Gay and lesbian meet on queer celluloid

Now in its 12th year, the London Gay and Lesbian Film Festival is getting larger and pinker. From Thursday until 26 March at the National Film Theatre there's a feast of more than 180 screenings that takes in features, documentaries and shorts from around the world.

The gala screenings that bookend the festival look particularly strong. Canadian Thom Fitzgerald's The Hanging Garden (this Thursday) opens proceedings with a surreal tale of hothouse emotions brewing during a family wedding, a young gay man returning home and a foul-mouthed Kerry Fox as the female lead. It closes with the cool and muted kitsch of Hilary Brougher's The Sticky Fingers of Time on the last Thursday, a film about desire and betrayal, pulp novelists and time-travelling lesbians, amongst other things.

As Briony Hanson, the festival's co-programmer with Robin Baker, explains, London's two-week jamboree is the second largest of its kind after the San Francisco festival, with audience figures attending last year's festival reaching 20,000. Hanson happily concedes that the festival's present scale is "beyond our wildest dreams".

The two principal themes this year are of the "girls on top" variety and an increased focus on "mixed" programming for male and female audiences. With ever-mounting confidence, lesbian subculture is making its presence felt in the mainstream. The American singer and "dykon" Sophie B. Hawkins is the subject of tyro-director Gigi Gaston's The Cream Will Rise (Sat 14/Mon 16). In part a road-based rockumentary that turns into a film of personal revelation for the star, the film co-exists with a preview of k.d.Lang's live concert film k.d.Lang - Live in Sydney (Thurs 19).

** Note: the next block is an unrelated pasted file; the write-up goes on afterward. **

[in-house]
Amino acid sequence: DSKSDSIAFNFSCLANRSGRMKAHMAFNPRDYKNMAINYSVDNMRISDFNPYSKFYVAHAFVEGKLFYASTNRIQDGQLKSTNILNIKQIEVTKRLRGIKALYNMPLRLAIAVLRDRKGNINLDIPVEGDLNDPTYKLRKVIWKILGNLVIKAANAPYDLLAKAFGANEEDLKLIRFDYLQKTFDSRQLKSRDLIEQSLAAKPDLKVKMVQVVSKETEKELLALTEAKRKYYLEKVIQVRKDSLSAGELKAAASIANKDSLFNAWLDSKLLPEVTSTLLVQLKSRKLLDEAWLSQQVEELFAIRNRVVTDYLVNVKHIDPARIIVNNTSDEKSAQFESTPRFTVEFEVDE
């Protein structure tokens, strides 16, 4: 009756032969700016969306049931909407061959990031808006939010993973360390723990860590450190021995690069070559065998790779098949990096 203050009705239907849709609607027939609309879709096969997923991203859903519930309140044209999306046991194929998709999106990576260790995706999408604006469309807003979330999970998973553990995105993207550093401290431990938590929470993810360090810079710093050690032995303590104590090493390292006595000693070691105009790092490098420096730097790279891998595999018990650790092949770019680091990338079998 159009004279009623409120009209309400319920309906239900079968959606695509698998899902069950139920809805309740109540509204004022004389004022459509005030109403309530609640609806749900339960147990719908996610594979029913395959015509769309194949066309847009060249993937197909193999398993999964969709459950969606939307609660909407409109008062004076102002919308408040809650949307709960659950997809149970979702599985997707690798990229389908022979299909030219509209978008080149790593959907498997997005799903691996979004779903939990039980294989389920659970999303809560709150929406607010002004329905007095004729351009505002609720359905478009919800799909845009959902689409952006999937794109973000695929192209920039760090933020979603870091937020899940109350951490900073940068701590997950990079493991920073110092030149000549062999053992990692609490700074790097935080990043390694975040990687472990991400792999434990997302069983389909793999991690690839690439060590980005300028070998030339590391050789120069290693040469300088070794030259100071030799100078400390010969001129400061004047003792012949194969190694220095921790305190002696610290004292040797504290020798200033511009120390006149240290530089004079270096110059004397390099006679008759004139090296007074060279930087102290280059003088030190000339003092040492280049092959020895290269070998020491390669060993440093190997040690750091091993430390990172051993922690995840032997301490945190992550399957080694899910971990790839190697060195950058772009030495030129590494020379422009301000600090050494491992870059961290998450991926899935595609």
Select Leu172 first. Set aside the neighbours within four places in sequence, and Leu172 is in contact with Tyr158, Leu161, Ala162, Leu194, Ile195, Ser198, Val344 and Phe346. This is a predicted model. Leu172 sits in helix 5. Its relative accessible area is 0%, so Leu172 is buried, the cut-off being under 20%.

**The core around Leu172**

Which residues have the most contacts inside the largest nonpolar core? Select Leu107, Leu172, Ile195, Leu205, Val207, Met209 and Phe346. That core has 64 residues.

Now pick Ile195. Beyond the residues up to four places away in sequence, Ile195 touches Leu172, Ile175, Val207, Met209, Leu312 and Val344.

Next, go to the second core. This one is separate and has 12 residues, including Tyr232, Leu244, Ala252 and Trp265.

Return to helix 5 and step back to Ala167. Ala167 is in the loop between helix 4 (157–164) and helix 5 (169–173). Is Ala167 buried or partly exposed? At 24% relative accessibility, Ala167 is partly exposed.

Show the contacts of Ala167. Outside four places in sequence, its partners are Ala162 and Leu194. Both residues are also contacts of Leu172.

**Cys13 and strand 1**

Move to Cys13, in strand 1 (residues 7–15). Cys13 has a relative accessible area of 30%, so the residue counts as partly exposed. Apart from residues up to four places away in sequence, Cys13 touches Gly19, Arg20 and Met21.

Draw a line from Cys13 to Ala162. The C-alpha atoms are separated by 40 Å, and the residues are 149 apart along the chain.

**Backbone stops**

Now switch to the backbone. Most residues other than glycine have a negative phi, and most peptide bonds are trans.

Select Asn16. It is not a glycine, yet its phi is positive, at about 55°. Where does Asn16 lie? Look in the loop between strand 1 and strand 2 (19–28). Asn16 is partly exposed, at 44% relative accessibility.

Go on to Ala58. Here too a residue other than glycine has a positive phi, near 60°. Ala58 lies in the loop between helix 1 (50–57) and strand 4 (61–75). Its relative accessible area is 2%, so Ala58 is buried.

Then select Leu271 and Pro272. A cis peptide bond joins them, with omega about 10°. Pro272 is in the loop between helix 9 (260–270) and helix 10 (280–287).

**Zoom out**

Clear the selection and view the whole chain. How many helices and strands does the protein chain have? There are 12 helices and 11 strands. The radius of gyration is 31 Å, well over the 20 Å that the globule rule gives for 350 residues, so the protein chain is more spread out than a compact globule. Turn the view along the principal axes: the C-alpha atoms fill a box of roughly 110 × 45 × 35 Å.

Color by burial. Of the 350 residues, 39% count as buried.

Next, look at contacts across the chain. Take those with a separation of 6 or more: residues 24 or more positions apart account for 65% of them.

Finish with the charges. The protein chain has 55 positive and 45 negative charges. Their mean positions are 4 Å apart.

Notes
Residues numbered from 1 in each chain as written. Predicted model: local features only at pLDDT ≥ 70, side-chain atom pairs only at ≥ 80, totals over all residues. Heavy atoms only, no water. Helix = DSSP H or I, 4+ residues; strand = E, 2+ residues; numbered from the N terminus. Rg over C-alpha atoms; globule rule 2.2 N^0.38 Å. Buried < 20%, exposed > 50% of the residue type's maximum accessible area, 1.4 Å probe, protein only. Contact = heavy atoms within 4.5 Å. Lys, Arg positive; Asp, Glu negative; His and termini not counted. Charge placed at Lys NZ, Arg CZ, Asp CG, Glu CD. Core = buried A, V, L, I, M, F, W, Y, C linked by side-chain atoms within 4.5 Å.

Documentary and fiction overlap nicely in two films that take on the US "queercore" culture of dyke rock-bands and underground fanzines. This provides the backdrop to Kristine Peterson's Seattle-based trawl through twentysomething girl-band angst, Slaves to the Underground (Fri 13).

Catherine Deneuve crops up as a lesbian philosophy professor in Andre Techine's Les Voleurs (Tues 24, Thurs 26), an example of what Briony Hanson describes as the burgeoning genre of "lesbian at a bus stop" films. The phrase was coined at last year's festival to describe a type of film that may be about a heist but features an incidental character "which makes us rush to claim the films as `lesbian features'."

One of the most impressive films is Francois Ozon's medium-length feature Regarde la mer (Sun 22/Wed 25). Deftly observational and with a mutedly sinister atmosphere that turns spectacularly nasty, the film charts the dangerous relationship between a young mother, her baby and a feral hitchhiker.

Hanson sees this year's festival as responding to real shifts in the wider politics of the gay world. "Traditionally, it's been quite separatist," Hanson explains. "With the move from the terms `lesbian' and `gay' to `queer' I think things have become much more rich. I'm glad to see that happening in gay politics generally and it impacts well on the festival." This is reflected in the increasingly "mixed" programming, especially in the wide programme of short films supported by the award of a Channel Four TX prize in which an award-winning short gets a TV screening. With its wealth of features, as well as its panels, shorts and experimental sidebar, this year "queer" means all-inclusive.

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